CNRP budget announced for soldiers who defect

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Sam Rainsy spoke to the media when he was in Cambodia in 2015. Hong Menea

The permanent committee of the Supreme Court-dissolved Cambodia National Rescue Party (CNRP) said it has a budget for soldiers who defect from Prime Minister Hun Sen when “acting president” Sam Rainsy returns on November 9.

An analyst said such an action amounted to forming a coup, while the government dismissed the claim as “propaganda”.

The CNRP permanent committee on Sunday issued a press release on the results of a two-day meeting in the US.

It did not say how much was in the budget.

The meeting, held in Lowell, Massachusetts, decided on several issues, it said, including preparations for the return of Rainsy and senior CNRP leadership to Asia on November 5.

The delegating of tasks to CNRP members at all levels inside and outside the Kingdom had also been determined, as had calling on migrant workers to return with them to Cambodia on November 9.

“Preparing a budget for the members of the military that defect from Hun Sen and turn themselves over to protecting the people on November 9,” says the third point of the press release.

Former CNRP lawmaker Ou Chanrith said on Monday that the money used for the return of the CNRP leaders had come from supporters, especially Cambodians living abroad.

He declined to elaborate on the money for defecting soldiers.

Government spokesperson Phay Siphan dismissed the CNRP’s claims.

“This is merely propaganda, nothing more. The government will work to ensure public order and national security in order to increase economic growth. I don’t believe [the CNRP].

“The military fought to save thecountry. They won’t do anything to cause problems for their nation. They have spouses, children and families who need peace. They want to improve the livelihoods of their families,’ Siphan said.

Sok Touch, the president of the Royal Academy of Cambodia, said on Monday that offering financial assistance to soldiers who defected amounted to a coup.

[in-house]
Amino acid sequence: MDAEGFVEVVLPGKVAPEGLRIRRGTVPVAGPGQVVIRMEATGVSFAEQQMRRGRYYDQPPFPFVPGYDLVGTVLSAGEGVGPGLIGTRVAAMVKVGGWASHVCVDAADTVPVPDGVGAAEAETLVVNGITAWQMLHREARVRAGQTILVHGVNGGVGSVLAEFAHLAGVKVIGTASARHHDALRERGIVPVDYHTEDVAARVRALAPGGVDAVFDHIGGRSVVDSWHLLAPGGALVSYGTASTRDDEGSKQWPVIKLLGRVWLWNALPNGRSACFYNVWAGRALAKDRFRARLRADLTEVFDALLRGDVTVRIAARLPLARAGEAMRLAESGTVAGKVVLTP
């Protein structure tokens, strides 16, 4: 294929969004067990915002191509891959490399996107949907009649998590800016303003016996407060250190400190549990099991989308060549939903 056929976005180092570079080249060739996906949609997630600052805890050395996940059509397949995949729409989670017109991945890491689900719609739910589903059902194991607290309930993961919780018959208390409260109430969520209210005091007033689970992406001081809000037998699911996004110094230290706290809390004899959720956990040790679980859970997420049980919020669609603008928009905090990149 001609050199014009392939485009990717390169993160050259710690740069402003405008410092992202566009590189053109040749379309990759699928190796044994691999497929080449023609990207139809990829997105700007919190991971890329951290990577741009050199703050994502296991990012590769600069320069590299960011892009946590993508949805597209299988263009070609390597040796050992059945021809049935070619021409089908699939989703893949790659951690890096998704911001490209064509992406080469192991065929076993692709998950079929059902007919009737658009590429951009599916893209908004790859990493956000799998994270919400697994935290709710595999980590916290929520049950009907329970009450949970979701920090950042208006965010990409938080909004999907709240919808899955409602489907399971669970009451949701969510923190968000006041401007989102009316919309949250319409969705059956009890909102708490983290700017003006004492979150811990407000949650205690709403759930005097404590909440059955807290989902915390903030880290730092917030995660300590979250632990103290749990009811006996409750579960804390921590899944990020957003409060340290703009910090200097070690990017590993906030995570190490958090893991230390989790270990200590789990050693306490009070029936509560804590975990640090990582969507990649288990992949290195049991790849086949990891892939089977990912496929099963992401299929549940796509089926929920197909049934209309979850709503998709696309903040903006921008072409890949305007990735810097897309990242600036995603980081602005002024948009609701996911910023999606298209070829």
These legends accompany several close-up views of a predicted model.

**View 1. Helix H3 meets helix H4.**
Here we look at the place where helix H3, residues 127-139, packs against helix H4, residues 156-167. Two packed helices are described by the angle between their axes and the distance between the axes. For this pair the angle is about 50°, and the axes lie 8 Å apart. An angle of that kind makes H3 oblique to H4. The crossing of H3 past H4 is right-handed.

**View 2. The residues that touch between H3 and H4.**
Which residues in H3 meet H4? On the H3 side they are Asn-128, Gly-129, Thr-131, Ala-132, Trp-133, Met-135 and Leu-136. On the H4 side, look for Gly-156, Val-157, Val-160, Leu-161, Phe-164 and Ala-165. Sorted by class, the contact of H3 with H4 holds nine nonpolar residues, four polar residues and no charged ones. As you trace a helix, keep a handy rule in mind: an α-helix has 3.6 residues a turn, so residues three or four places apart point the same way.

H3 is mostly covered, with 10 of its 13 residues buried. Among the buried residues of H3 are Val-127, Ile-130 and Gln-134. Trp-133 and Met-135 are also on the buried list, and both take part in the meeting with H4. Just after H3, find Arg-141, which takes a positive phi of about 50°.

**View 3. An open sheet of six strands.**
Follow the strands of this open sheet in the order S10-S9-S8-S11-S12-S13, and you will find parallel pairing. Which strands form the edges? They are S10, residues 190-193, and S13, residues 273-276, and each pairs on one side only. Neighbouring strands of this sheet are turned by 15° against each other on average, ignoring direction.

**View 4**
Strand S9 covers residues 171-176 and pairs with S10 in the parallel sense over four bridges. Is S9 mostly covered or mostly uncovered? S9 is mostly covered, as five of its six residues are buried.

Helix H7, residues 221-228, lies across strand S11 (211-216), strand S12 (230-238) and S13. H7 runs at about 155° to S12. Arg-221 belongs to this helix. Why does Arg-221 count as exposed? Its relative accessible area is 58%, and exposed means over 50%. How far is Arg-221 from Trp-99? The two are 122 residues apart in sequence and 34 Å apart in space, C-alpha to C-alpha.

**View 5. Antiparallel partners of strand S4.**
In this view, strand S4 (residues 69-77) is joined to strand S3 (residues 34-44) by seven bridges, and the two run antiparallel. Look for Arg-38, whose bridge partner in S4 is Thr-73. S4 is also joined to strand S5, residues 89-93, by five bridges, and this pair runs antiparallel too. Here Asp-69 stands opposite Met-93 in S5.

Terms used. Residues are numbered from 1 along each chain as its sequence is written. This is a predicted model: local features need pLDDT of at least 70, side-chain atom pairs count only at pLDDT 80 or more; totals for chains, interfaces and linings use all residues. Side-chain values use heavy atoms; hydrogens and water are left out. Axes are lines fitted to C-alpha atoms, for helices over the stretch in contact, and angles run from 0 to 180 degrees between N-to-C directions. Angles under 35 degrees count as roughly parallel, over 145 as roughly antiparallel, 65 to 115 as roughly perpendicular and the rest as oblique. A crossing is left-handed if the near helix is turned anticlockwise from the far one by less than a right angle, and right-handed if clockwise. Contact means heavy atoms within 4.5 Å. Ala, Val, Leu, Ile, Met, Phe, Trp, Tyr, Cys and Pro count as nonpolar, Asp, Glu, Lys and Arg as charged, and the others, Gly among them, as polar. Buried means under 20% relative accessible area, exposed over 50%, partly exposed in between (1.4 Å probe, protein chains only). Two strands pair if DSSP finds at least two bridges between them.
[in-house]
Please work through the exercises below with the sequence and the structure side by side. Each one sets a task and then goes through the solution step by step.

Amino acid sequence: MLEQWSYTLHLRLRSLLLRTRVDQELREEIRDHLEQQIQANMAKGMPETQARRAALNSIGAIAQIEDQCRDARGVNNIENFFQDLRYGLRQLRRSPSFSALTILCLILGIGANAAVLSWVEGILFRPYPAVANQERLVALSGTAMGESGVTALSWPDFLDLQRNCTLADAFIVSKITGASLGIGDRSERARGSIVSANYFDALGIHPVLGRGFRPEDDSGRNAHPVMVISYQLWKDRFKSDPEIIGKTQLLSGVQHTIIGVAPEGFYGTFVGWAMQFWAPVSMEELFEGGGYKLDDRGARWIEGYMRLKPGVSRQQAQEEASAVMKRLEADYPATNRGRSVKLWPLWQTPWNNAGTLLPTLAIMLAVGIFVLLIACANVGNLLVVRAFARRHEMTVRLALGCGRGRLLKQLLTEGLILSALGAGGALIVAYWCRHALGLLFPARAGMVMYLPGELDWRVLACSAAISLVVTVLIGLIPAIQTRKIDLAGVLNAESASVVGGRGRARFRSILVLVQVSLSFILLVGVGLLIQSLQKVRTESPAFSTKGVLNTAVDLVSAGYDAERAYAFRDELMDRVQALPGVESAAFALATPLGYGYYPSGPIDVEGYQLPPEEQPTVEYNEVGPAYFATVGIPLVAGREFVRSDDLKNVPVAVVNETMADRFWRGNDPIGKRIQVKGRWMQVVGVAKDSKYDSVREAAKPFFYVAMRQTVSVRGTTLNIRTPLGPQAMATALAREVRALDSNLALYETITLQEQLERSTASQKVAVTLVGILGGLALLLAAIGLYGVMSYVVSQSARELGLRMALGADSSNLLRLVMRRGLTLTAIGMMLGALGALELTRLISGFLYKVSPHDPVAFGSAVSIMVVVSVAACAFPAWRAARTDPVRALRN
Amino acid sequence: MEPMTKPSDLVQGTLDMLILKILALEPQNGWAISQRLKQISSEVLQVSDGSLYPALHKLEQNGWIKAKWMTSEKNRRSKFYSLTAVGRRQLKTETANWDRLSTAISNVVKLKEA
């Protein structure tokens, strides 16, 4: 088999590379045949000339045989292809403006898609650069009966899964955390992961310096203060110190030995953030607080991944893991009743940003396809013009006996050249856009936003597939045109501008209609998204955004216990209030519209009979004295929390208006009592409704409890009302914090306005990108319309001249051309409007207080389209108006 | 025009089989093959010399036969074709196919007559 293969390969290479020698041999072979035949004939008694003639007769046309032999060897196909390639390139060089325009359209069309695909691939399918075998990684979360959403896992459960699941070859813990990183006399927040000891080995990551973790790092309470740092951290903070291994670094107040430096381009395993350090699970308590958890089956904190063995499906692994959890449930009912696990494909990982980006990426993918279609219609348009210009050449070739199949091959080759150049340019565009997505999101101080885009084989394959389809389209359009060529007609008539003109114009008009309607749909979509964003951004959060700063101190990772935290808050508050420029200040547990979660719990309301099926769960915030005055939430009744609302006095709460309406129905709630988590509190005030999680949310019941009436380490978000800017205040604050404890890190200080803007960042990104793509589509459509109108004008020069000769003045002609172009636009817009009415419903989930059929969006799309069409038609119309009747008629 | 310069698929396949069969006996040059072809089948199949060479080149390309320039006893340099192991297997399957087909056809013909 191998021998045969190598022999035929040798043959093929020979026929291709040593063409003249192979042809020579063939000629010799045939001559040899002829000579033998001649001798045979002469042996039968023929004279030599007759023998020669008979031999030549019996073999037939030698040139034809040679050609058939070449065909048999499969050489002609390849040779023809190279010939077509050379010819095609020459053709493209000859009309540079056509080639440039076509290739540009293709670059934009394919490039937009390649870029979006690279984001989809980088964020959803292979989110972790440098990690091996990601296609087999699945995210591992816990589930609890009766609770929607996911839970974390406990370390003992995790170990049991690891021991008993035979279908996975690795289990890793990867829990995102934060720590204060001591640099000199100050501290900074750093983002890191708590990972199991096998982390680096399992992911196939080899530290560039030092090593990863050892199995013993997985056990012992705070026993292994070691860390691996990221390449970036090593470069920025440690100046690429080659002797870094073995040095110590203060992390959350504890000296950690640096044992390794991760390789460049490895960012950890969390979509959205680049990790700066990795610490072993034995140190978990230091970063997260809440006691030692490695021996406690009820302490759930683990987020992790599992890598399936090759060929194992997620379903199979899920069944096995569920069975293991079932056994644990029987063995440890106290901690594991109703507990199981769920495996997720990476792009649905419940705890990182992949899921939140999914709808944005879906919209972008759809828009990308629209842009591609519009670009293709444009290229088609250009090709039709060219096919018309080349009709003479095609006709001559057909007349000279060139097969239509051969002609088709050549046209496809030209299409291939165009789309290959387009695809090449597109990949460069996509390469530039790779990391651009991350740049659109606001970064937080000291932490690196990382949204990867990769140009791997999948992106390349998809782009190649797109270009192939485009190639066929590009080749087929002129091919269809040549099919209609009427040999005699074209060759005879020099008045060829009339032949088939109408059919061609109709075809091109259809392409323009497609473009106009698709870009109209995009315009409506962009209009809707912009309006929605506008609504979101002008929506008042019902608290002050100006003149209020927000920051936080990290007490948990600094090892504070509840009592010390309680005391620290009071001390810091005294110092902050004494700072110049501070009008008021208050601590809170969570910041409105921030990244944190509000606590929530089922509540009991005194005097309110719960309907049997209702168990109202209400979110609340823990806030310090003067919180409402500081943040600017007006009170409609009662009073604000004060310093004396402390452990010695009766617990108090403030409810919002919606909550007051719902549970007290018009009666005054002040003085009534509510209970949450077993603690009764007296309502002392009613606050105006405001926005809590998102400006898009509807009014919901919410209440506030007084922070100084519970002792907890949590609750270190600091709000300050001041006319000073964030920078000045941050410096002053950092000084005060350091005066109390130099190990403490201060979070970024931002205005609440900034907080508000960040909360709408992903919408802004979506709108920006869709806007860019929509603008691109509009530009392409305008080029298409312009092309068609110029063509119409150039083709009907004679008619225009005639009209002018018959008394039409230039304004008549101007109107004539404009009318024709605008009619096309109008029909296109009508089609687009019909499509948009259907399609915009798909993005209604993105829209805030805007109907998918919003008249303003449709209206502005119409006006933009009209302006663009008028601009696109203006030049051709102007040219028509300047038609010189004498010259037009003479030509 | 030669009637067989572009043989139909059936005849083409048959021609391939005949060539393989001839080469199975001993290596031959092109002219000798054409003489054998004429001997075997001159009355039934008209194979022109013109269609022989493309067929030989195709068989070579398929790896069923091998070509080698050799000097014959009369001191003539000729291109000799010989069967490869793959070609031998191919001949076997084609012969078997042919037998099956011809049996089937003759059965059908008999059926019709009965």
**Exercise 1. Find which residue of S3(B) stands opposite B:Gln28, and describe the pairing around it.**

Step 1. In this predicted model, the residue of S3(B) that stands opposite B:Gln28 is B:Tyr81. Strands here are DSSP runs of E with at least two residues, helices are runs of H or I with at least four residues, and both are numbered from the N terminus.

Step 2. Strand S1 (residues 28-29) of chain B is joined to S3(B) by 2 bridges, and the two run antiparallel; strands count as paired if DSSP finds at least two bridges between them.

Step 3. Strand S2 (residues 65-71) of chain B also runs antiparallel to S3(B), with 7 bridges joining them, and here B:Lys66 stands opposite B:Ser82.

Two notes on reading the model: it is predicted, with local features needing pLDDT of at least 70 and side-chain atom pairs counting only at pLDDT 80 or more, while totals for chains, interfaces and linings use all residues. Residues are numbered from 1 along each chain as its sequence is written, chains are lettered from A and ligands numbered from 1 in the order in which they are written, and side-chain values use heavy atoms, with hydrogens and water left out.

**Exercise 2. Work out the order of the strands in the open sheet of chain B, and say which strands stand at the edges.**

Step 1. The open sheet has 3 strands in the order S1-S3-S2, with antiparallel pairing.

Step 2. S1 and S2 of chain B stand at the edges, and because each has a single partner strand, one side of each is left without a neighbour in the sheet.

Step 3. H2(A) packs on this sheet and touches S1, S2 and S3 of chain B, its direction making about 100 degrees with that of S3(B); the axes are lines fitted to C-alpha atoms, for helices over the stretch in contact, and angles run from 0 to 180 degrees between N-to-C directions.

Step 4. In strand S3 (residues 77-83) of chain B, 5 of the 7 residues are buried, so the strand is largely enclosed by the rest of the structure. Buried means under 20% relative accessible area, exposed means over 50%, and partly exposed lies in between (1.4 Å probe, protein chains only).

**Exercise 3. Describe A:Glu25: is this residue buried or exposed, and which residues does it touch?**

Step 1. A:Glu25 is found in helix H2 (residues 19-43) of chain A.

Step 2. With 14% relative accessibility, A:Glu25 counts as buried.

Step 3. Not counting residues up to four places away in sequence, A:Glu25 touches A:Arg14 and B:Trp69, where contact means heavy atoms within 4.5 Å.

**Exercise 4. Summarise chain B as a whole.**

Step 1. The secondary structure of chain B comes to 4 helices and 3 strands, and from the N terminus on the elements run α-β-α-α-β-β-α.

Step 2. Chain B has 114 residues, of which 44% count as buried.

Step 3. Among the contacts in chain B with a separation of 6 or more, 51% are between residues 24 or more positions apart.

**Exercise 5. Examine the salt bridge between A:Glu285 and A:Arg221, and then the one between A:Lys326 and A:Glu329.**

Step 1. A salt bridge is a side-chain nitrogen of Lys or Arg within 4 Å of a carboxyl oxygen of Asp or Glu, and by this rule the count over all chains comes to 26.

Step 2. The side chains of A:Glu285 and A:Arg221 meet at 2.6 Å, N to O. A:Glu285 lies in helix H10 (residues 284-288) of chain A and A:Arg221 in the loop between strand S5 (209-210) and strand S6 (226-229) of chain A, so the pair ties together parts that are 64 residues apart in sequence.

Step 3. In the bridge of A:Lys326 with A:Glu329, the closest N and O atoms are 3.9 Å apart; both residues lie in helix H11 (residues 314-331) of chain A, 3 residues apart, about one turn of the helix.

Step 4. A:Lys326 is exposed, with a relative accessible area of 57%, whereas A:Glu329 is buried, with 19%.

“Turning guns [on the government] and providing money to the military amounts to a coup or a revolution. This would be an even more serious act of treason – they are going from bad to worse.

“The CNRP or those involved in this meeting have become traitorous because they have betrayed the Constitution and Cambodian laws which say the government is born out of elections,” Touch said.

Political analyst Lao Mong Hay said the offer of financial assistance to the military was to get them to support Rainsy’s “people’s power” movement to change the government as had been seen in the Philippines in the 1980s.

Soldiers had supported the “People Power” series of protests in Manila that led to the overthrow of Ferdinand Marcos.

“Whether such an action is a coup d’état or not is irrelevant unless those soldiers actually take the lead to seize power,” Mong Hay said.

Last week, Prime Minister Hun Sen said Cambodia had sent warrants for Rainsy’s arrest to neighbouring Laos and Thailand, and that others would be sent to the remaining Asean member states.

Siphan said the Ministry of Foreign Affairs and International Cooperation was tasked with this.

However, he said it could be done by sending the warrants to the embassies of each country in Phnom Penh.

Ministry of Foreign Affairs spokesman Ket Sophann did not respond to The Post’s request for comment.

Chanrith said the CNRP leadership’s plans to return on November 9 remained unchanged, and he was unconcerned by the arrest warrants being sent to Asean nations.

However, Touch said he believed that Rainsy would not be able to enter any Asean nation if the warrants reached them.

“This is because all Asean nations have a single destiny,” Touch said.

Mong Hay said it was not certain whether Rainsy would be arrested.

“One cannot be sure whether all Asean countries would heed the Cambodian prime minister’s request to arrest Rainsy, while the question of arrest was open with other Asian countries,” he said.